Today’s lectionary reading, one of the most troubling in the Bible, is the story of Abraham’s near sacrifice of Issac. Haim Gouri uses the story to reflect upon the legacy of violence.
Gouri witnessed violence himself. Born in Israel in 1923, he fought against the British prior to Israel’s independence as a member of an elite fighting force. His experience, however, made him aware that those who suffer persecution “are born with a knife in their hearts.” If they don’t break free of this “heritage,” they will become oppressors in their turn.
First, here’s the conclusion of the Biblical account:
So the two of them walked on together. Isaac said to his father Abraham, “Father!” And he said, “Here I am, my son.” He said, “The fire and the wood are here, but where is the lamb for a burnt offering?” Abraham said, “God himself will provide the lamb for a burnt offering, my son.” So the two of them walked on together.
When they came to the place that God had shown him, Abraham built an altar there and laid the wood in order. He bound his son Isaac, and laid him on the altar, on top of the wood. Then Abraham reached out his hand and took the knife to kill his son. But the angel of the Lord called to him from heaven, and said, “Abraham, Abraham!” And he said, “Here I am.” He said, “Do not lay your hand on the boy or do anything to him; for now I know that you fear God, since you have not withheld your son, your only son, from me.” And Abraham looked up and saw a ram, caught in a thicket by its horns. Abraham went and took the ram and offered it up as a burnt offering instead of his son. So Abraham called that place “The Lord will provide”; as it is said to this day, “On the mount of the Lord it shall be provided.”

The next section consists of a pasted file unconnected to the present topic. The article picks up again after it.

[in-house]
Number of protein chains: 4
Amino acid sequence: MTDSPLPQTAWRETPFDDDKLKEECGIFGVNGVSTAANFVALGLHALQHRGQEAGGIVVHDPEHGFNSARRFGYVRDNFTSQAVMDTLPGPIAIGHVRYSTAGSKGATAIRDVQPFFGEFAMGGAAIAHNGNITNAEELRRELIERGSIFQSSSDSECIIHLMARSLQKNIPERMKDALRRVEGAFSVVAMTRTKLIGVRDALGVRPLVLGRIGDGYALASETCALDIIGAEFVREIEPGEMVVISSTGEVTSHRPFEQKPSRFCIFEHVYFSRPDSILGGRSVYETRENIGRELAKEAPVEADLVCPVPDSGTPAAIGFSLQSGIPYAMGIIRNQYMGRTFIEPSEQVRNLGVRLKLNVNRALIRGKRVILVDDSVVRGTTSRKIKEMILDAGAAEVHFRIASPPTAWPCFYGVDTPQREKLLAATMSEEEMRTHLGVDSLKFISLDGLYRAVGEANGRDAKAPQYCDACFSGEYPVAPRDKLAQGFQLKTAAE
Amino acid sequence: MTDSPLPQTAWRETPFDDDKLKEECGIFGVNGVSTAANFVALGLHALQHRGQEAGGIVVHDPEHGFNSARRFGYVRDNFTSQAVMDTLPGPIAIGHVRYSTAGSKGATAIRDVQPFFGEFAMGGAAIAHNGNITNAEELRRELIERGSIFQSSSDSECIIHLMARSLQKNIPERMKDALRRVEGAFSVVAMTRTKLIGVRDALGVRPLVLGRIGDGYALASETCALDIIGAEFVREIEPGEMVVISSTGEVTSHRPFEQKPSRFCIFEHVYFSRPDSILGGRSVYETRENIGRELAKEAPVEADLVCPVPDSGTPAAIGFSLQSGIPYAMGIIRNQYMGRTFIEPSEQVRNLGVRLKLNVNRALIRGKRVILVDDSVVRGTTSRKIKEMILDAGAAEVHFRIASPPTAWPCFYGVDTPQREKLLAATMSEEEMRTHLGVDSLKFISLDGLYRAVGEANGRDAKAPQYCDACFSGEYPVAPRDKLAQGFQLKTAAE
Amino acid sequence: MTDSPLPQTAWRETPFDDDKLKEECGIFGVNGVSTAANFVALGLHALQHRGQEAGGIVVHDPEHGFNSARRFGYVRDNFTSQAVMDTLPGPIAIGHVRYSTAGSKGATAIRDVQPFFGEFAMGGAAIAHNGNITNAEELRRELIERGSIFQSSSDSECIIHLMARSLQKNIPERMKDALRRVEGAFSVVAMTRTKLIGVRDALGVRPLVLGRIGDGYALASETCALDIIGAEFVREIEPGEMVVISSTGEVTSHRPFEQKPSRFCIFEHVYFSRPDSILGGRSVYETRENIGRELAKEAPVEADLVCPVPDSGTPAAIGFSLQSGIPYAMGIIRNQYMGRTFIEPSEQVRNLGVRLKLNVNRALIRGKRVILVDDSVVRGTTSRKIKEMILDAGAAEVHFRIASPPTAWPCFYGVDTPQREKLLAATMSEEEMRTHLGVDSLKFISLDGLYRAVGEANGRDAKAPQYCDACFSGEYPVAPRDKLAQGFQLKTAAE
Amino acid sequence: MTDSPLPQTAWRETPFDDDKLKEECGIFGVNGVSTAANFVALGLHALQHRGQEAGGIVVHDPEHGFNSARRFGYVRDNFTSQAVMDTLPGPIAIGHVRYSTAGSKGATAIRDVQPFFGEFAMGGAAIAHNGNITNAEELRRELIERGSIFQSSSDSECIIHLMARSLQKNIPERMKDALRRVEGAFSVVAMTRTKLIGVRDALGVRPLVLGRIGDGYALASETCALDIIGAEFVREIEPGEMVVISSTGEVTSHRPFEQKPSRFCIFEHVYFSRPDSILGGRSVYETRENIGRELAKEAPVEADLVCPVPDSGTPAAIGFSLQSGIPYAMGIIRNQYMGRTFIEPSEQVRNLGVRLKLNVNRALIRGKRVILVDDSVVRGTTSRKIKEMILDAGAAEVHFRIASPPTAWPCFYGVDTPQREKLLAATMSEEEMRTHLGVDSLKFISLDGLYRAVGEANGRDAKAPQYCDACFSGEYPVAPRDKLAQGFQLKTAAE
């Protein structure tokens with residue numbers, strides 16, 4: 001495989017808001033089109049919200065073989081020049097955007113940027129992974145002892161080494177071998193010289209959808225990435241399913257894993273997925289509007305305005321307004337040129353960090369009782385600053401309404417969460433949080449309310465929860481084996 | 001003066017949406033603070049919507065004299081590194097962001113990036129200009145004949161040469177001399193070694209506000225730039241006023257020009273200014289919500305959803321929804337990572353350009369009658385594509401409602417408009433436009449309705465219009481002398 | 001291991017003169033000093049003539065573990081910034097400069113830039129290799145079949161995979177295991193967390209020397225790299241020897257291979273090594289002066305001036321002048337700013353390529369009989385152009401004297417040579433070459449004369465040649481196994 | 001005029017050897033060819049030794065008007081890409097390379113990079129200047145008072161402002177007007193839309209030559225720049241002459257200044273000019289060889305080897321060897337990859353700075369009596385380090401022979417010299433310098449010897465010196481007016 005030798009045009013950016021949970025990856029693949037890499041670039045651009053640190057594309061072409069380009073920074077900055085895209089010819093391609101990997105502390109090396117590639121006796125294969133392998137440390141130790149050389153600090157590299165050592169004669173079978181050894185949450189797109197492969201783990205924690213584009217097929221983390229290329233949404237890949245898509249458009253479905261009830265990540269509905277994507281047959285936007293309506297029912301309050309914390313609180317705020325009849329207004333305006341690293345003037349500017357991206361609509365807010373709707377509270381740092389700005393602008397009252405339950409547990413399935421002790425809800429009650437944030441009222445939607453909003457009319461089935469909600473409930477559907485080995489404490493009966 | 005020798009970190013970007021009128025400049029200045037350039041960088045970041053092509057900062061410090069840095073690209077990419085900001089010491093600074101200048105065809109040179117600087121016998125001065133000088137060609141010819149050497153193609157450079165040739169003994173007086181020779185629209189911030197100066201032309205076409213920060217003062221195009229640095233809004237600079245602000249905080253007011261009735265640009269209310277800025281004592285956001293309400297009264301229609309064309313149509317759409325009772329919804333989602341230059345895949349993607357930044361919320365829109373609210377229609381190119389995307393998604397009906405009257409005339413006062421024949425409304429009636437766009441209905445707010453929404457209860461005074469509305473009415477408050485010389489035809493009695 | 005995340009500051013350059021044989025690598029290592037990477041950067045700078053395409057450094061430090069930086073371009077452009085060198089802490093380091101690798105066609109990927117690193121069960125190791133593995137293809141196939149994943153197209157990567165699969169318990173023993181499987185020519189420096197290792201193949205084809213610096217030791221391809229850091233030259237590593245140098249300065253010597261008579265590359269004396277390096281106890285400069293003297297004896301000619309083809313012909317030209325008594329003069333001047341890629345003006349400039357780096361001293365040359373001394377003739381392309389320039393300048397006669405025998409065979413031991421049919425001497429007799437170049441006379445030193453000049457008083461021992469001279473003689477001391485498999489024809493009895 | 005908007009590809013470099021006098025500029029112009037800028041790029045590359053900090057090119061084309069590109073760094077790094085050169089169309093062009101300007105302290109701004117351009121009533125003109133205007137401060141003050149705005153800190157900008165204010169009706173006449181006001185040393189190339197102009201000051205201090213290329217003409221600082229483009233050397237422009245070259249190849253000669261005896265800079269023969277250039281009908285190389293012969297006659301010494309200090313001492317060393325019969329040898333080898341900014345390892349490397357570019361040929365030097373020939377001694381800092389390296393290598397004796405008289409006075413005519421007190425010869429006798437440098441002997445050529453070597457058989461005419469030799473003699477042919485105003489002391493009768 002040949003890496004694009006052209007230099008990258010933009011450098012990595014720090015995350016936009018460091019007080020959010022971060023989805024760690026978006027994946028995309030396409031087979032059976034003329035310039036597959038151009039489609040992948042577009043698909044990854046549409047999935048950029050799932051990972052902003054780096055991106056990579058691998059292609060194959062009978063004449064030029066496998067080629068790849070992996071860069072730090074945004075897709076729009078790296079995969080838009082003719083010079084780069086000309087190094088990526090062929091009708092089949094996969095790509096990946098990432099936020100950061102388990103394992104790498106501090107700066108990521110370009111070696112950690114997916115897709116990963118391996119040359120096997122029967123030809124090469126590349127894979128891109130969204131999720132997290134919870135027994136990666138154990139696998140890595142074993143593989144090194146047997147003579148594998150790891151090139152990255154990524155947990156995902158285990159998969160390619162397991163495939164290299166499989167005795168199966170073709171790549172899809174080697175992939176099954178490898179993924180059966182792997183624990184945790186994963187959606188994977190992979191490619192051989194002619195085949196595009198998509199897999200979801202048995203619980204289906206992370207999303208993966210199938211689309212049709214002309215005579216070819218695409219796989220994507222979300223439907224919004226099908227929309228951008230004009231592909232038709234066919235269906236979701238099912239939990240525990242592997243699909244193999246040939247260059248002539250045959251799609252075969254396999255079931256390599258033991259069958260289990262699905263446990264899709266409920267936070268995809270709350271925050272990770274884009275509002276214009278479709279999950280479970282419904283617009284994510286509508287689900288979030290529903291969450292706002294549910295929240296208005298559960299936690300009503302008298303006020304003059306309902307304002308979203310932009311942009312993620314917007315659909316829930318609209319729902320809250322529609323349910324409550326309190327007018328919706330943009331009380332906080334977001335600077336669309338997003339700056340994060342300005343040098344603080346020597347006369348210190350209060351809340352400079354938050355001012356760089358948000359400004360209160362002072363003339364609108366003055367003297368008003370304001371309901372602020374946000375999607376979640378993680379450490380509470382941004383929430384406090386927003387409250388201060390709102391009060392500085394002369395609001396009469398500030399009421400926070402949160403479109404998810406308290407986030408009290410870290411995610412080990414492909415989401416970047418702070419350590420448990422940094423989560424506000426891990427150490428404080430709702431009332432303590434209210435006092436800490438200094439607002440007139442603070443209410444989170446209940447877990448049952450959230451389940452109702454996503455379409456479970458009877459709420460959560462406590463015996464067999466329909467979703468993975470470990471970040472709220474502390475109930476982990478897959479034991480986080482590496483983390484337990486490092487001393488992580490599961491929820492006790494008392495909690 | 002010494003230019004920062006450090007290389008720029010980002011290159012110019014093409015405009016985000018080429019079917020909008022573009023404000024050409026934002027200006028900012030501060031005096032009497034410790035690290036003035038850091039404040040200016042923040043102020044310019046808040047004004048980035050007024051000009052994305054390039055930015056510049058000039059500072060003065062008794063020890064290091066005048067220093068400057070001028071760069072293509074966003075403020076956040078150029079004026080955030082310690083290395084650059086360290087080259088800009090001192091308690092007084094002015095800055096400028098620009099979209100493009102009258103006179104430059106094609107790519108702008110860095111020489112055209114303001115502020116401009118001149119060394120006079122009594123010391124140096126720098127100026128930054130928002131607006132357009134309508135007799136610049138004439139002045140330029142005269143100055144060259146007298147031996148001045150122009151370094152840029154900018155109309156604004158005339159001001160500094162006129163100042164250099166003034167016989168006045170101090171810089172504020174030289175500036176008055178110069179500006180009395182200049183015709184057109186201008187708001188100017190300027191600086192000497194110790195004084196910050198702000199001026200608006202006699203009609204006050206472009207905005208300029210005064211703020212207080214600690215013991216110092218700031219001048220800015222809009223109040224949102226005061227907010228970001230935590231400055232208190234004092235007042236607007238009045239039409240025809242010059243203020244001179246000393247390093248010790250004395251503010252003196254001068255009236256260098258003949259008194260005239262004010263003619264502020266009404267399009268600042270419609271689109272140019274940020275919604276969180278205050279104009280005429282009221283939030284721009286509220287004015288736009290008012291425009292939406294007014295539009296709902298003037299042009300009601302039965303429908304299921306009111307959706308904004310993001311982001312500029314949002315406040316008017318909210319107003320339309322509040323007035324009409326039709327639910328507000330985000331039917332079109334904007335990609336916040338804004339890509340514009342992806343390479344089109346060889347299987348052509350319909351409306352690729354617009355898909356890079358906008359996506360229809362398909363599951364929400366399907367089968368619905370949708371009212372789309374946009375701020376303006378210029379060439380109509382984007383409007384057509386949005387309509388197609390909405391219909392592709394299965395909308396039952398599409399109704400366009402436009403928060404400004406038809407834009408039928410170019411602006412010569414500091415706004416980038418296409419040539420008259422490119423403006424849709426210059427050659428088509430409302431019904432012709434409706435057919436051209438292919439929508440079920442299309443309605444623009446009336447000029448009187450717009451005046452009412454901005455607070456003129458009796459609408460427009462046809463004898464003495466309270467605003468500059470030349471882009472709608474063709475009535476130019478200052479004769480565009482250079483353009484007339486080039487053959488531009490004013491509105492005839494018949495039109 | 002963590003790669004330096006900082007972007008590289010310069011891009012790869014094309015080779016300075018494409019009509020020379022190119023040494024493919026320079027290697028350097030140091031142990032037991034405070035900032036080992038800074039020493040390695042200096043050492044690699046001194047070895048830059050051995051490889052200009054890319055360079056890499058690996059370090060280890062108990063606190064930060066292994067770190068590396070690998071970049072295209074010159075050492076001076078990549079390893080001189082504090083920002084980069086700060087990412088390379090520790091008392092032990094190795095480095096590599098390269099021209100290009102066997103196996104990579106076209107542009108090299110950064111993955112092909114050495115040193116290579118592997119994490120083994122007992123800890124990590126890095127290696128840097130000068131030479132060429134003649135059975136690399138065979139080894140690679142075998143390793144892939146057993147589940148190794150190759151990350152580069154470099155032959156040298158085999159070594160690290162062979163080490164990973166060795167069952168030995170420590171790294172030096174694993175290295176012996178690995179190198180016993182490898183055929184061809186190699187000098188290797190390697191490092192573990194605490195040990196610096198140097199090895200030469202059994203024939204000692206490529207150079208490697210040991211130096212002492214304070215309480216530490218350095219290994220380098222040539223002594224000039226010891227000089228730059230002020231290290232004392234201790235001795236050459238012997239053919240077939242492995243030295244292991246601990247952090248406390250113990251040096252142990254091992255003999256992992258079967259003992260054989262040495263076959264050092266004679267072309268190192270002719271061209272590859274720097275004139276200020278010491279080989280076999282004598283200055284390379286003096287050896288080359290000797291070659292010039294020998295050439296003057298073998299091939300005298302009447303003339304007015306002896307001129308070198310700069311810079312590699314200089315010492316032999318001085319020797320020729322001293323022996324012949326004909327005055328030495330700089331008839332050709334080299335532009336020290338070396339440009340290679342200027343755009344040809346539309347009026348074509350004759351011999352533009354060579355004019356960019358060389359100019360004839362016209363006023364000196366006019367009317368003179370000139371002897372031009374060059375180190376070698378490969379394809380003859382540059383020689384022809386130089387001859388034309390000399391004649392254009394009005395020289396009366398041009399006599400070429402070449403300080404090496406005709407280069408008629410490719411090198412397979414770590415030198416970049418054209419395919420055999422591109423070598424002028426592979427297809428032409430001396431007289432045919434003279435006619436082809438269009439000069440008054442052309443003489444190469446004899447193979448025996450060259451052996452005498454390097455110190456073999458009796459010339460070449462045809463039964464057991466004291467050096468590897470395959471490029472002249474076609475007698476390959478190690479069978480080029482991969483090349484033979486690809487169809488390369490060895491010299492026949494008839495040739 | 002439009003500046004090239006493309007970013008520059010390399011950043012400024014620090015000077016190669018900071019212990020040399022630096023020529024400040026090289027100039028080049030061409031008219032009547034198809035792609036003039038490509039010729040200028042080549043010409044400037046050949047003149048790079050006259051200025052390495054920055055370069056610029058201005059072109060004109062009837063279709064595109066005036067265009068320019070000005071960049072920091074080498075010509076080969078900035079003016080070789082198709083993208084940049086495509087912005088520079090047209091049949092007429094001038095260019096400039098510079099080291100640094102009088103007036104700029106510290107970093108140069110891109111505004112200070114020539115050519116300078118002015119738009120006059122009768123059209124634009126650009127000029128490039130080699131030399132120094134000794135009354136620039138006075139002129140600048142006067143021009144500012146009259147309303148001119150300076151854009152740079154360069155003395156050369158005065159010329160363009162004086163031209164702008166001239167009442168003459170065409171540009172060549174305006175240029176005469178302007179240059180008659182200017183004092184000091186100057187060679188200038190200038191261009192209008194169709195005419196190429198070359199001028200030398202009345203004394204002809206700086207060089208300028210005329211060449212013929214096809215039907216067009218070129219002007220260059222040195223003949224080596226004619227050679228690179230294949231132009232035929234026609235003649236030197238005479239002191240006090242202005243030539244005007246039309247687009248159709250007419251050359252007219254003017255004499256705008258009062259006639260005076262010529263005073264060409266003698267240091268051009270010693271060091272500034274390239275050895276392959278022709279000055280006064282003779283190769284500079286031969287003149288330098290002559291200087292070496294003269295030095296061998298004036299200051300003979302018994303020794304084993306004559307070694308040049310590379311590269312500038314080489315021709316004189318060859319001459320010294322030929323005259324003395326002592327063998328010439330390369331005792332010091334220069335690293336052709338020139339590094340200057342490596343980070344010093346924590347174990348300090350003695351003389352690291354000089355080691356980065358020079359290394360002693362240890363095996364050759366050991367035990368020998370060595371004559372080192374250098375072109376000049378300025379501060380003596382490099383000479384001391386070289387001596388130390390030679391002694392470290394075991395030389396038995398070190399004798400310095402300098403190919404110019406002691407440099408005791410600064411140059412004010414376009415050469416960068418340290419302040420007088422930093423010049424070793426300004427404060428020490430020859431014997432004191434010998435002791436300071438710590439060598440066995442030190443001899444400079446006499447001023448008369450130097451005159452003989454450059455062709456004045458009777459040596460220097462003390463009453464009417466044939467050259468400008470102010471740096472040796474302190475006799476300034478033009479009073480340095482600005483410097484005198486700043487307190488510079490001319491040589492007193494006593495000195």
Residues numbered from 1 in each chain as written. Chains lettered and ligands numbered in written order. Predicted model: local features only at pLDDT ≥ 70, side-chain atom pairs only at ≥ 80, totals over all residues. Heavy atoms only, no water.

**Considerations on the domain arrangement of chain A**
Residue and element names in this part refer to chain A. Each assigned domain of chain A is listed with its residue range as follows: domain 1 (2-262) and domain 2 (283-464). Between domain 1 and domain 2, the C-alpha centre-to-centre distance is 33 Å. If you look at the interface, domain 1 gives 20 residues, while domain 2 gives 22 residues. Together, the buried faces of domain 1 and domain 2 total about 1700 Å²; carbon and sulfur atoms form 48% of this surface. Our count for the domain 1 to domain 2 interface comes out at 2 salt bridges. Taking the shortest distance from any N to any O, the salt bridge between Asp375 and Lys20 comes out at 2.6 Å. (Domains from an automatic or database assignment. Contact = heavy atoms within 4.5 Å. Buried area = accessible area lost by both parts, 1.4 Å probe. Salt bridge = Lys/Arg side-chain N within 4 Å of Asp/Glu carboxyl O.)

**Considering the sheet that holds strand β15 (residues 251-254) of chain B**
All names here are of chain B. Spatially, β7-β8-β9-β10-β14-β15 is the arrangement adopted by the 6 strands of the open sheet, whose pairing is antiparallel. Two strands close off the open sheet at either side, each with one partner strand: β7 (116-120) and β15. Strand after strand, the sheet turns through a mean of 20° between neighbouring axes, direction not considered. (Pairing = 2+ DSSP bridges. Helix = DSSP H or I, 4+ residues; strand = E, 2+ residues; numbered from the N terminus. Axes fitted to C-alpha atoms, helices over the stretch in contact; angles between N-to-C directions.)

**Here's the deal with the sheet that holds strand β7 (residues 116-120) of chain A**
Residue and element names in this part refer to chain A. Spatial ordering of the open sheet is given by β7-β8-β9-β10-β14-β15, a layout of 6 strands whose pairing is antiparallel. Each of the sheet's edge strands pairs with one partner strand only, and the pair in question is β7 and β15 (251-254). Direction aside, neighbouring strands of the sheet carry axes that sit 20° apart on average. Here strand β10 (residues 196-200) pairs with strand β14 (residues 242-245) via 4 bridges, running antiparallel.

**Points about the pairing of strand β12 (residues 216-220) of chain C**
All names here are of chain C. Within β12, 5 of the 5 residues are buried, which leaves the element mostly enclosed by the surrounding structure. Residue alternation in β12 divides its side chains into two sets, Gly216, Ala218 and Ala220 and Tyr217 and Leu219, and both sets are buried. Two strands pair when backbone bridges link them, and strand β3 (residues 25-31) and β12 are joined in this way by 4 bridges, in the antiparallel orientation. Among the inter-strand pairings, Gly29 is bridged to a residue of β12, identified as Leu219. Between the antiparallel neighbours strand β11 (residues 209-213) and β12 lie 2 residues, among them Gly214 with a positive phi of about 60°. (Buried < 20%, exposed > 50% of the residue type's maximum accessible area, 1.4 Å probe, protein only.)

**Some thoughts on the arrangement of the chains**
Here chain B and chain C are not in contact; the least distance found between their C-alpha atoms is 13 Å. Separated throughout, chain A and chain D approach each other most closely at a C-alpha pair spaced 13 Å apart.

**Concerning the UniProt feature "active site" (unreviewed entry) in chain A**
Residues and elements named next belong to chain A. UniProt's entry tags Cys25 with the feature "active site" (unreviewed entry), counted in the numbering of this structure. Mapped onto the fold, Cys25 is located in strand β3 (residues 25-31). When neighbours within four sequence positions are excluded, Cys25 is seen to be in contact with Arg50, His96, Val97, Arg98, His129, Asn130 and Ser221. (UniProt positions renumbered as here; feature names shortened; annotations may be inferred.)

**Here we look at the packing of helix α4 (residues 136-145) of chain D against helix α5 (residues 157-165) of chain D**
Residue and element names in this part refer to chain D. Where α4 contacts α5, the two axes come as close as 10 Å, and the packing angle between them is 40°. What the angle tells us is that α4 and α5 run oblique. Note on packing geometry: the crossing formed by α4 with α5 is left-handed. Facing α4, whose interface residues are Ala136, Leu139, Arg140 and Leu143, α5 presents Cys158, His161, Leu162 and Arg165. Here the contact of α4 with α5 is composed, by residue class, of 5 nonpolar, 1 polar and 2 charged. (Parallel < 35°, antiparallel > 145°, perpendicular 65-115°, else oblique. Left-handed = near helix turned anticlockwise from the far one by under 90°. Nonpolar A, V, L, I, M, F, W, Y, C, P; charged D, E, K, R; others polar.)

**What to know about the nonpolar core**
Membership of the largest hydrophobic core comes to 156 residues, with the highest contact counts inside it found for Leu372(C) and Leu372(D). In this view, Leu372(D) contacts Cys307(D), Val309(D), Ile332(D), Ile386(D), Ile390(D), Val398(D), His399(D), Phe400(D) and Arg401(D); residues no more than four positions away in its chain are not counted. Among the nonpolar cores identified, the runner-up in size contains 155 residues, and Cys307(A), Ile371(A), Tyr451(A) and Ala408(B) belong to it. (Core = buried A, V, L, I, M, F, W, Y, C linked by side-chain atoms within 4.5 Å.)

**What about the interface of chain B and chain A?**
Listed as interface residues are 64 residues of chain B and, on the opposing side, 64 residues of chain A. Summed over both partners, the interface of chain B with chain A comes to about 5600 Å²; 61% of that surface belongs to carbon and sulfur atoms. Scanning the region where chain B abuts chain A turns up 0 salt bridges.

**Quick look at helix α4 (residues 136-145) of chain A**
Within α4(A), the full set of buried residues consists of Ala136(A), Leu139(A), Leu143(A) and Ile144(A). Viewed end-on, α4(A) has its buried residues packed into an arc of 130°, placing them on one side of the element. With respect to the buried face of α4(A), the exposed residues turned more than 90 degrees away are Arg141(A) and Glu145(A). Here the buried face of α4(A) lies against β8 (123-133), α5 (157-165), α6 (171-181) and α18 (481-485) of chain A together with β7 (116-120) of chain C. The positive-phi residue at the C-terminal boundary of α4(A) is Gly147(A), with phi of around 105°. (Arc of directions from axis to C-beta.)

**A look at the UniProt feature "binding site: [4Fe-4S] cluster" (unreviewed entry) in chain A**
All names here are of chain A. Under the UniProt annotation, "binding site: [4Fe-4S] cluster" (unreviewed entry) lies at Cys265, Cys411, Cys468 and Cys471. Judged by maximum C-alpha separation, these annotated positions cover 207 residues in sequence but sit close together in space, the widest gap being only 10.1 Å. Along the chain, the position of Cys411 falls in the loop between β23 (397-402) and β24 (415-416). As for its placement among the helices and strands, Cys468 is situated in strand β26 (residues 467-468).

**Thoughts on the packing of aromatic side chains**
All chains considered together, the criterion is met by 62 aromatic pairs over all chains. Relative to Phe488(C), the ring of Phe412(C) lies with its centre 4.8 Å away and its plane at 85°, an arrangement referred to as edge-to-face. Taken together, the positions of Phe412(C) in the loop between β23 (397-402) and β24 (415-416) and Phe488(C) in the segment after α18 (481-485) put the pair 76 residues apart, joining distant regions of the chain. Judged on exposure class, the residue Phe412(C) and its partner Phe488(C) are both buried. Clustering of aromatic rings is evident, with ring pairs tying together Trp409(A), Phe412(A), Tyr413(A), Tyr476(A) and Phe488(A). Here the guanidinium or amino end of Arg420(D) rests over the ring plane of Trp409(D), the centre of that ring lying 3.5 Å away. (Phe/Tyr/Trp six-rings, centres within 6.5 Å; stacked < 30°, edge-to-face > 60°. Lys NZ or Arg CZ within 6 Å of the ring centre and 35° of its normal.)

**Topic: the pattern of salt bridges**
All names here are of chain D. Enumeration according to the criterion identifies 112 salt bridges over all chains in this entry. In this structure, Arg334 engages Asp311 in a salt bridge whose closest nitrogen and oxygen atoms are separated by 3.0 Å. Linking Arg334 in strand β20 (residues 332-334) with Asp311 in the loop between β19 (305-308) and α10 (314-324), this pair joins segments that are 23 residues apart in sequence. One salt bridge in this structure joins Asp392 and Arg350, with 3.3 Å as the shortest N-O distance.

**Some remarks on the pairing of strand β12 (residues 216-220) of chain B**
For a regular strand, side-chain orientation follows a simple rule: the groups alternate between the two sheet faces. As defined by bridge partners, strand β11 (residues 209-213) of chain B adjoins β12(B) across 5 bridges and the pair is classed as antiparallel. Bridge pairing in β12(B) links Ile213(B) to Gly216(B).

Here’s Gouri’s poem:
By Haim Gouri
The ram came last of all. And Abraham
did not know that it came to answer the
boy’s question – first of his strength
when his day was on the wane.
The old man raised his head. Seeing
that it was no dream and that the angel
stood there – the knife slipped from his hand.
The boy, released from his bonds,
saw his father’s back.
Isaac, as the story goes, was not
sacrificed. He lived for many years,
saw what pleasure had to offer,
until his eyesight dimmed.
But he bequeathed that hour to his offspring.
They are born with a knife in their hearts.
I’ve always been struck by how Isaac, unlike father Abraham and sons Esau and Jacob, is a passive figure. His father chooses his wife and his wife and Jacob trick him into bestowing his blessing on the wrong son. How deep did the emotional scars go and what lessons did he pass down to subsequent generations?
Previous Posts on the Abraham and Isaac story
Wilfred Owen and Rumi: Sacrifice Ram of Pride, Not Isaac
Anthony Trollope: Reveling in Isaac’s Self Sacrifice